Word first arrived at the beginning of 2018 that the Hostetler’s Hudson Museum in Shipshewana, Indiana, is permanently closing down.
For museum-goers, this was another piece of bad news as several other eminent automobile museums have closed in the recent years as well. For those who were still looking forward to owning something from the Hudson’s carefully tailored collection, this was, of course, good news.
Worldwide Auctioneers were accordingly invited to take over and proceed with arranging a sale. The catalog, both printed and with an online version, has now been prepared. The event will take place on August 4th, at the former-museum in Shipshewana.
Interested parties can inspect some 69 models that are offered in the lots. In addition, they can choose from memorabilia associated with the iconic Indiana auto museum.
The cars along with the memorabilia will be offered entirely without reserve, also says a press release statement from Worldwide Auctioneers.
Principal and Cheif Auctioneer, John Kruse, has stated: “It would be a severe understatement for us to say that everyone here at Worldwide Auctioneers is profoundly honored to participate in the offering of this exceptional collection.”
“As the fulfillment of the shared passion of Eldon and Esta Hostetler for the Hudson marque – refined over more than 30 years – it comprises a very well-curated selection of the most important Hudson models from the manufacturer’s 48 years in existence.”
He has also described the collection as pioneering, and highly influential to him personally.
And it is indeed an inspirational assembly of cars that will be under the hammer on August 4th.
The 1917 Hudson Shaw Special Single-Seater Racing model is one of the highlights that will probably attract a great deal of attention. An earlier model of this car helped the Detroit manufacturer establish its position on the car market, as early as 1913.
With a sophisticated vintage design, and painted a stunning yellow, the 1917 Hudson Shaw is powered by a Hudson Super Six racing engine. For the August sale, this timeless race model occupies lot number three.
It was put together and raced by Horace Shaw of Rochester, and it has undergone careful restoration thanks to the efforts of Ralph Prueitt, Worldwide Auctioneers tell us.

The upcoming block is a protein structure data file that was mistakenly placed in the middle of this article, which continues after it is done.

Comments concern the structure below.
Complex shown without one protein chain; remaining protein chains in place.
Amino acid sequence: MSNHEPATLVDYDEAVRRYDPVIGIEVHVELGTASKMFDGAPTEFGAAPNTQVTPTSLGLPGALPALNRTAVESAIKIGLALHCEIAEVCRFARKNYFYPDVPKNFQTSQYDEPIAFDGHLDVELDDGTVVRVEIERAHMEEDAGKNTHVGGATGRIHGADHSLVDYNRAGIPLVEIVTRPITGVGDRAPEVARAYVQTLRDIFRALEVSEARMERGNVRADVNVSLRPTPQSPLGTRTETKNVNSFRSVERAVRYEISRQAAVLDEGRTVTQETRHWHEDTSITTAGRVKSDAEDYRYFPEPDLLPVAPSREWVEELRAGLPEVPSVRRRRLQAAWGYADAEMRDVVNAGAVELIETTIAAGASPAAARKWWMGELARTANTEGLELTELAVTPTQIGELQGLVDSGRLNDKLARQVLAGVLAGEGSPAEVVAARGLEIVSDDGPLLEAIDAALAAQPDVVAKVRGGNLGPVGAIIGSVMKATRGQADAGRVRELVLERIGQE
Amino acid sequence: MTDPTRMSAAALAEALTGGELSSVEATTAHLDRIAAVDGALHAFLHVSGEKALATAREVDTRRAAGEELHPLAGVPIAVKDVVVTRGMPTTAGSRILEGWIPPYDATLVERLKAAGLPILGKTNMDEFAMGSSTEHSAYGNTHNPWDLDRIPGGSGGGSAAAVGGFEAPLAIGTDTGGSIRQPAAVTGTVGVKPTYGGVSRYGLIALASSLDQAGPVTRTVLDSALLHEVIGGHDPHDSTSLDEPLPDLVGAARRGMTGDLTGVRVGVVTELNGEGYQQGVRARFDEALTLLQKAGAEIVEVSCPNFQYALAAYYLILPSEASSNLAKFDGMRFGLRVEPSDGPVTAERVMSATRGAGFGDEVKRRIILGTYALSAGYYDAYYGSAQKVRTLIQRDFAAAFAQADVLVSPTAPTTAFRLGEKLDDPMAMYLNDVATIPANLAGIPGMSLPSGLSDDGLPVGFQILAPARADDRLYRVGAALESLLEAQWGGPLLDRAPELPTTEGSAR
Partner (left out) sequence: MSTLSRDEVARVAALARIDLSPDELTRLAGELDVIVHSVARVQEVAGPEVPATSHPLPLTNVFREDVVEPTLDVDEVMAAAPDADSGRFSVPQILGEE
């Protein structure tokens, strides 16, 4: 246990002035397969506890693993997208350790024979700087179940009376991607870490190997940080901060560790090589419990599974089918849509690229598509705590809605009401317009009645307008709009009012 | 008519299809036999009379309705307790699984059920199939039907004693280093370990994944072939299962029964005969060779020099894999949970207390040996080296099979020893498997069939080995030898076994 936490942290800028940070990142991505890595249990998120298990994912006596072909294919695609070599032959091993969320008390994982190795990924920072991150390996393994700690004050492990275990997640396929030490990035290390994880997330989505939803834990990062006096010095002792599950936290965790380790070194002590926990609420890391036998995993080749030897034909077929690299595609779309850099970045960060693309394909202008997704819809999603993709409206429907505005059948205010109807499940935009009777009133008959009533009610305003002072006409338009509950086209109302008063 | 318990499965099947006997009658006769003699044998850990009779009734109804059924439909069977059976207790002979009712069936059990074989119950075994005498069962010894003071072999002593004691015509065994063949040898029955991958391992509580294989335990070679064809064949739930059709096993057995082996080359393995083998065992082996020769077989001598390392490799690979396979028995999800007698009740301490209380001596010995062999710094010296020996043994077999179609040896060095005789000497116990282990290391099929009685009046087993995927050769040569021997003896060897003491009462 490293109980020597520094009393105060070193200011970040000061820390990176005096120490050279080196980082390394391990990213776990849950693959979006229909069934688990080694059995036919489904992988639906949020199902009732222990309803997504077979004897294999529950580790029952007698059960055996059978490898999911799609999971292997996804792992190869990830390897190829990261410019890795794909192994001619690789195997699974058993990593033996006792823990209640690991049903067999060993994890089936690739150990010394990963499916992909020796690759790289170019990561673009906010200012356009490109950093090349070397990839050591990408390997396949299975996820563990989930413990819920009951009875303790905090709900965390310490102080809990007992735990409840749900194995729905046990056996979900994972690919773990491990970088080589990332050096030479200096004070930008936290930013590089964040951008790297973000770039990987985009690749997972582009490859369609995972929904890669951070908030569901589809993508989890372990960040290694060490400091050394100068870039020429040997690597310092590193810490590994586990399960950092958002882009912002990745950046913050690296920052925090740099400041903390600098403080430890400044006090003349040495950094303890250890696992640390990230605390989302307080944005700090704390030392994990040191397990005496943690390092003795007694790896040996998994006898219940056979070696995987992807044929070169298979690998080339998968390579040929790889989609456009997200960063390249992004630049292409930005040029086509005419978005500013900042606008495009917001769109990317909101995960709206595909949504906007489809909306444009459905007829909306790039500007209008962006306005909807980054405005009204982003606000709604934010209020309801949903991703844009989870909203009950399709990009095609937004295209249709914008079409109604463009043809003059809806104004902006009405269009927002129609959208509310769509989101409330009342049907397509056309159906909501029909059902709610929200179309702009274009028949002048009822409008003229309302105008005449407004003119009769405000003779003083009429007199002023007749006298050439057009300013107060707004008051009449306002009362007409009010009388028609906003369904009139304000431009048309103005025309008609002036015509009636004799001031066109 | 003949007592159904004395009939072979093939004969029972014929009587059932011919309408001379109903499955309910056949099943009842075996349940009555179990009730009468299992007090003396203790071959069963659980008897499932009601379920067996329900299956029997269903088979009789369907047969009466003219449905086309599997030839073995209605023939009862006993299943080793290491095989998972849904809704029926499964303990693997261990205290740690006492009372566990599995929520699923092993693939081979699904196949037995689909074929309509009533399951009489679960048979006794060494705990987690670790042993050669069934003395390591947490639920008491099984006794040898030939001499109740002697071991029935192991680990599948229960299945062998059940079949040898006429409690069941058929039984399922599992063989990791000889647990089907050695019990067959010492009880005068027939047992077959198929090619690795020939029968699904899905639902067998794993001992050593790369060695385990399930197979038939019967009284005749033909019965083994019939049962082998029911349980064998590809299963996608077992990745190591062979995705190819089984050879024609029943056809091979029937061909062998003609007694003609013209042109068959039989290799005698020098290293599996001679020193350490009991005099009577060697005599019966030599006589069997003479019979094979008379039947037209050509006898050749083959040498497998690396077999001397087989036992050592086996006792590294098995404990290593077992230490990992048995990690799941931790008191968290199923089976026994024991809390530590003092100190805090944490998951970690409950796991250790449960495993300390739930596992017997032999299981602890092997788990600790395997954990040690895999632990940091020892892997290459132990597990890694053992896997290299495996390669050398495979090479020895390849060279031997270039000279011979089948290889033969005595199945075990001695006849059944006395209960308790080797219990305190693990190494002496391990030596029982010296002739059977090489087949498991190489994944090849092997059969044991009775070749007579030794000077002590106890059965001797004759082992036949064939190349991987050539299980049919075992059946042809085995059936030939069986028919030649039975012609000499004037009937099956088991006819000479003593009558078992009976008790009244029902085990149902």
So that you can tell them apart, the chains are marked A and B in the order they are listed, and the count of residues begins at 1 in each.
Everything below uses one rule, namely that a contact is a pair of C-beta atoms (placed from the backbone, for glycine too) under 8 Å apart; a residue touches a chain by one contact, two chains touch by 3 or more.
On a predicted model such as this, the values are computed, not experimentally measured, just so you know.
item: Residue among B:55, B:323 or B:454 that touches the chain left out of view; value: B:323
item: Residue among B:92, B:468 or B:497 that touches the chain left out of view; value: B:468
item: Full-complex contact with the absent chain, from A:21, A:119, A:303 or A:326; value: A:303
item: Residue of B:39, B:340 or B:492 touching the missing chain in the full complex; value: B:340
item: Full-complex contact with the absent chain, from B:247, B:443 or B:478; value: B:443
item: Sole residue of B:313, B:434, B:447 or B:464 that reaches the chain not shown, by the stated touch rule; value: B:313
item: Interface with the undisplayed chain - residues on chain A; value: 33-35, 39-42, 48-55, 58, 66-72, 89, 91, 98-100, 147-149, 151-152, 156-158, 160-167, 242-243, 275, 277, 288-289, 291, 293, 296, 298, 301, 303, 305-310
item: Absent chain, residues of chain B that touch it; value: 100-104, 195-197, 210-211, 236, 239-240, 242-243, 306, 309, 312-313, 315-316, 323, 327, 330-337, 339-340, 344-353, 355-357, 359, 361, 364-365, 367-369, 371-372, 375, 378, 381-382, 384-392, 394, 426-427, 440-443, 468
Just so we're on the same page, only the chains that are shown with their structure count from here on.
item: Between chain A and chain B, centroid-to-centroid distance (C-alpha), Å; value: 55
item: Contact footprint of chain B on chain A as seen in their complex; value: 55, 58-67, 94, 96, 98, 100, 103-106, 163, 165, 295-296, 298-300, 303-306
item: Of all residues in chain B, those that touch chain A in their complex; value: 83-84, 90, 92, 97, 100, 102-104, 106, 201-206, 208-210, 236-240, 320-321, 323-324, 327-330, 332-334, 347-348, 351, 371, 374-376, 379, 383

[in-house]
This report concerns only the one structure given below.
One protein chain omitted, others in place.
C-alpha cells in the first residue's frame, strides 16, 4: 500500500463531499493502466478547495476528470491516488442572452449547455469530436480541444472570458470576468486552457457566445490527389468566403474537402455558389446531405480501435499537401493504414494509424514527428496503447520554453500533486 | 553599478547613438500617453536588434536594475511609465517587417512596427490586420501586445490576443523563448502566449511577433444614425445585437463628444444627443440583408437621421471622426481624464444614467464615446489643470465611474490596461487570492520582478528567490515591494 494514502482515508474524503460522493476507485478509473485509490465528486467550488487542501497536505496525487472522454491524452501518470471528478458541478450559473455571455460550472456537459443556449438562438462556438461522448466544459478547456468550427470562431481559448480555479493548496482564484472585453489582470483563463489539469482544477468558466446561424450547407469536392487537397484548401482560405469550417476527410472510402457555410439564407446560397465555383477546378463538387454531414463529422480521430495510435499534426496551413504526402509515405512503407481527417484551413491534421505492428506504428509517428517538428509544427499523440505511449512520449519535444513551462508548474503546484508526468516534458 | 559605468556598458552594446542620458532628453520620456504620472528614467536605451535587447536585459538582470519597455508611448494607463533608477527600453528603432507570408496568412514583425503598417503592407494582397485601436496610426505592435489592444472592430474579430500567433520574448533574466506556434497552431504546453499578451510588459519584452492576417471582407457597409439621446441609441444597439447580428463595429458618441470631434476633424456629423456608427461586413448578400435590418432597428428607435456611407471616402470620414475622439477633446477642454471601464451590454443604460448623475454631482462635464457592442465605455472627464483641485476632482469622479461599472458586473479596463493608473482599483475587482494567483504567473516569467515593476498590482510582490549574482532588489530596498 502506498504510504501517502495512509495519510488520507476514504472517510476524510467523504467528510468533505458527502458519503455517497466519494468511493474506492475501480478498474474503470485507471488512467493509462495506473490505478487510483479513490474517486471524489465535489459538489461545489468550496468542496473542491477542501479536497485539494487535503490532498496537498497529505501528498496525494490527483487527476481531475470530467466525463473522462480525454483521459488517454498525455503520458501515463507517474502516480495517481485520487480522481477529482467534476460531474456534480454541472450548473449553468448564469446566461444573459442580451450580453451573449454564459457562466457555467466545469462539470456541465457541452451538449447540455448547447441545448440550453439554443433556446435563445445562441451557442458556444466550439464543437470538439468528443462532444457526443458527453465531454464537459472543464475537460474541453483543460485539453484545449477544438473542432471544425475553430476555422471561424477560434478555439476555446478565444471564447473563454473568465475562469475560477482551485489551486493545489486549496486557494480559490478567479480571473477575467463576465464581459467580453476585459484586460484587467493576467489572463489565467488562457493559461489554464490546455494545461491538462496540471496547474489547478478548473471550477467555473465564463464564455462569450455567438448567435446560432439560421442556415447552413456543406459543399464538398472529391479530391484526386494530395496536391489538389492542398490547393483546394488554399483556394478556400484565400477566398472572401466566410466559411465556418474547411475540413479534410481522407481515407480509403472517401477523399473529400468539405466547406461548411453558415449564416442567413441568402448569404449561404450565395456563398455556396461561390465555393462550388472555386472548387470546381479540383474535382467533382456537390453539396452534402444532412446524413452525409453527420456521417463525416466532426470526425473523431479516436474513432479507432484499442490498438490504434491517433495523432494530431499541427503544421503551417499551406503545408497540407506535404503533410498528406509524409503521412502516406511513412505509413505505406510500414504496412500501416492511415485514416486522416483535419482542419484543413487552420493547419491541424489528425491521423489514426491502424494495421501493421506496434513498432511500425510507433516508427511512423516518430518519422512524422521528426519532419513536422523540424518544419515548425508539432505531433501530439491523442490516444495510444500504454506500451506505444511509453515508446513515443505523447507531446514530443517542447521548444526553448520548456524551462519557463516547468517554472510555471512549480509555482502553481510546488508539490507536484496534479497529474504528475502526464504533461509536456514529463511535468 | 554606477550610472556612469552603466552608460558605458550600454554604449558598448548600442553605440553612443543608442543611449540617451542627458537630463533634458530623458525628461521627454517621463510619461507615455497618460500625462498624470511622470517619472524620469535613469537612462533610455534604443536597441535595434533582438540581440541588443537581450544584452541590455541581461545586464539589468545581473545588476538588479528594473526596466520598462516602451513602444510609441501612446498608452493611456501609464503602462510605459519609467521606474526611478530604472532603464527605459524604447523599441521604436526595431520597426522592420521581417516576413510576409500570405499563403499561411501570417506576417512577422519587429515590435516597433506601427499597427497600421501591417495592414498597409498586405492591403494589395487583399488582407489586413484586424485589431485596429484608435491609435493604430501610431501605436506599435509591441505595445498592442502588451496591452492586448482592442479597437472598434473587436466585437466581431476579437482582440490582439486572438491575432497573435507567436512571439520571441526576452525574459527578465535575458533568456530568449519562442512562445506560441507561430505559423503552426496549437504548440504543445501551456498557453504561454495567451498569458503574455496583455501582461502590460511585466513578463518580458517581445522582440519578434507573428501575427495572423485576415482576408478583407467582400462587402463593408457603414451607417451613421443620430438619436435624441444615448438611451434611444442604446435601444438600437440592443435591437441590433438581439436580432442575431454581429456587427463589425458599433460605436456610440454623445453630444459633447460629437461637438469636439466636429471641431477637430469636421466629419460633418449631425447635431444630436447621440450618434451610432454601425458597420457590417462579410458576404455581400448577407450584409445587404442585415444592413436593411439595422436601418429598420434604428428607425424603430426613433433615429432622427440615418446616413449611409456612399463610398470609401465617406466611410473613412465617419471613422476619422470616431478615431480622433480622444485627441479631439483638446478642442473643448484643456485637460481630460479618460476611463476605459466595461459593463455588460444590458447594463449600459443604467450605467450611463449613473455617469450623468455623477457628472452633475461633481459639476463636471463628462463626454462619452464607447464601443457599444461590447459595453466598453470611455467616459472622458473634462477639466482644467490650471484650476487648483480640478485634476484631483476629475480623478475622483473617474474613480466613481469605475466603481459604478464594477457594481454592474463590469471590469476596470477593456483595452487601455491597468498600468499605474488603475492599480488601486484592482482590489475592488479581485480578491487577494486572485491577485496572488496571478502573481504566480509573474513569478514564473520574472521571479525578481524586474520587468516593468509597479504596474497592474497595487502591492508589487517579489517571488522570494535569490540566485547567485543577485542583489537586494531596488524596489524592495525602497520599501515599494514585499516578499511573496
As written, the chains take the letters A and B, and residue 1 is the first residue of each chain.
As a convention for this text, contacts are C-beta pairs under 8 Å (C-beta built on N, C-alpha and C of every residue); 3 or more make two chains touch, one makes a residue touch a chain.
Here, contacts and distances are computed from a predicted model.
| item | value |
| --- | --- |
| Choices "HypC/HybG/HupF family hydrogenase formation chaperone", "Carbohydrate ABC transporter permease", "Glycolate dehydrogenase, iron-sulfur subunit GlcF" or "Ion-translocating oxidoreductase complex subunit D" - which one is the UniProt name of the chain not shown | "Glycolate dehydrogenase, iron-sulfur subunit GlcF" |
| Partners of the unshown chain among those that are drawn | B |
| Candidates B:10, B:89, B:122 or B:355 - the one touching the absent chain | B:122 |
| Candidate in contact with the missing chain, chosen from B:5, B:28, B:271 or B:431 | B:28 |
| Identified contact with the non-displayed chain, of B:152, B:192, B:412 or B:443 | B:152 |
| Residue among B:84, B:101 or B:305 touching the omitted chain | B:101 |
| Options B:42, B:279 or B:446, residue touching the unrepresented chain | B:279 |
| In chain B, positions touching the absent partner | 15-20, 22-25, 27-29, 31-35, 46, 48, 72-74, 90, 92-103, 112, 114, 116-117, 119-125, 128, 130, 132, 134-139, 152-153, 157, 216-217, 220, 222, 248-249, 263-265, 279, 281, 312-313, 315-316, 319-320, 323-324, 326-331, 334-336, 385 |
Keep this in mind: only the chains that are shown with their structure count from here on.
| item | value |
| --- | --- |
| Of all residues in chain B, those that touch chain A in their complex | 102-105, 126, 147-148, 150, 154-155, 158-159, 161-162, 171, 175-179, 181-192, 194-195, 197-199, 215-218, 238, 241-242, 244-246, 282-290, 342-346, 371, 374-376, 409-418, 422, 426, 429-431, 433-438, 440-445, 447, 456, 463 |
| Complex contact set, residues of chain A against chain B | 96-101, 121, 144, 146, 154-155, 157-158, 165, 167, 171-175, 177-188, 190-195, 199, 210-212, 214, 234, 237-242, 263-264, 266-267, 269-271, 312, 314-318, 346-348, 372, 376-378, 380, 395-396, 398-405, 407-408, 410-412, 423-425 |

Racing model aficionados can muse over other pieces at the upcoming auction such as the 1952 Hudson Hornet 6 ‘Twin-H Power.’ This is a rare one — in fact, the “Fabulous Hudson Hornet” is believed to be the only one of it’s kind known to exist.
In the early 1950s, the car was owned and driven by legendary stock-car racer, Herbert Watson Thomas. Representing NASCAR, he was undoubtedly one of the most successful drivers of the decade.
The collection features other gems such as a 1937 Railton Sportsman Drophead Coupe and a 1952 Hudson Hornet 6 ‘Twin-H Power’ Prototype Pickup Recreation.
Even the biggest enthusiasts looking forward to registering for the bidding will face a dilemma of which one to chose.
Mr. Kruse has expressed a wish “that collectors will embrace this heritage of the Hostetlers’ and the Hudson Motor Car Company, the people associated with it and the many unique and even one-off automobiles produced.”
Indiana’s Hostetler’s Hudson Museum has followed suit with other landmark museums which closed down in the recent period.
In June 2016, the fate was sealed for the Riverside International Automotive Museum, which preserved the memory of California’s epochal Riverside International Raceway. This museum also featured artifacts from the Ontario Motor Speedway and memorabilia linked with local champion Dan Gurney.
Later that same year, the Walter P. Chrysler Museum famed for its Chrysler, Plymouth, and Dodge vintage models, closed its facilities at Auburn Hills in Michigan. Its old building was reportedly transformed to a new office space. Before being permanently shut down, the Chrysler museum temporarily closed in 2012 until reopening in 2016 with limited working hours.
Under increased financial hardship and decreased rates of visitors, indeed, it is not the best days to run an automobile museum. Hemmings Daily‘s Kurt Ernst speculates that the number of auto museum’s closing down may continue as a trend.
For individual collectors, this may all sound too good to be true. For the summer, they will certainly have a hard time deciding what are they after from the Hostetler’s Hudson Museum collection.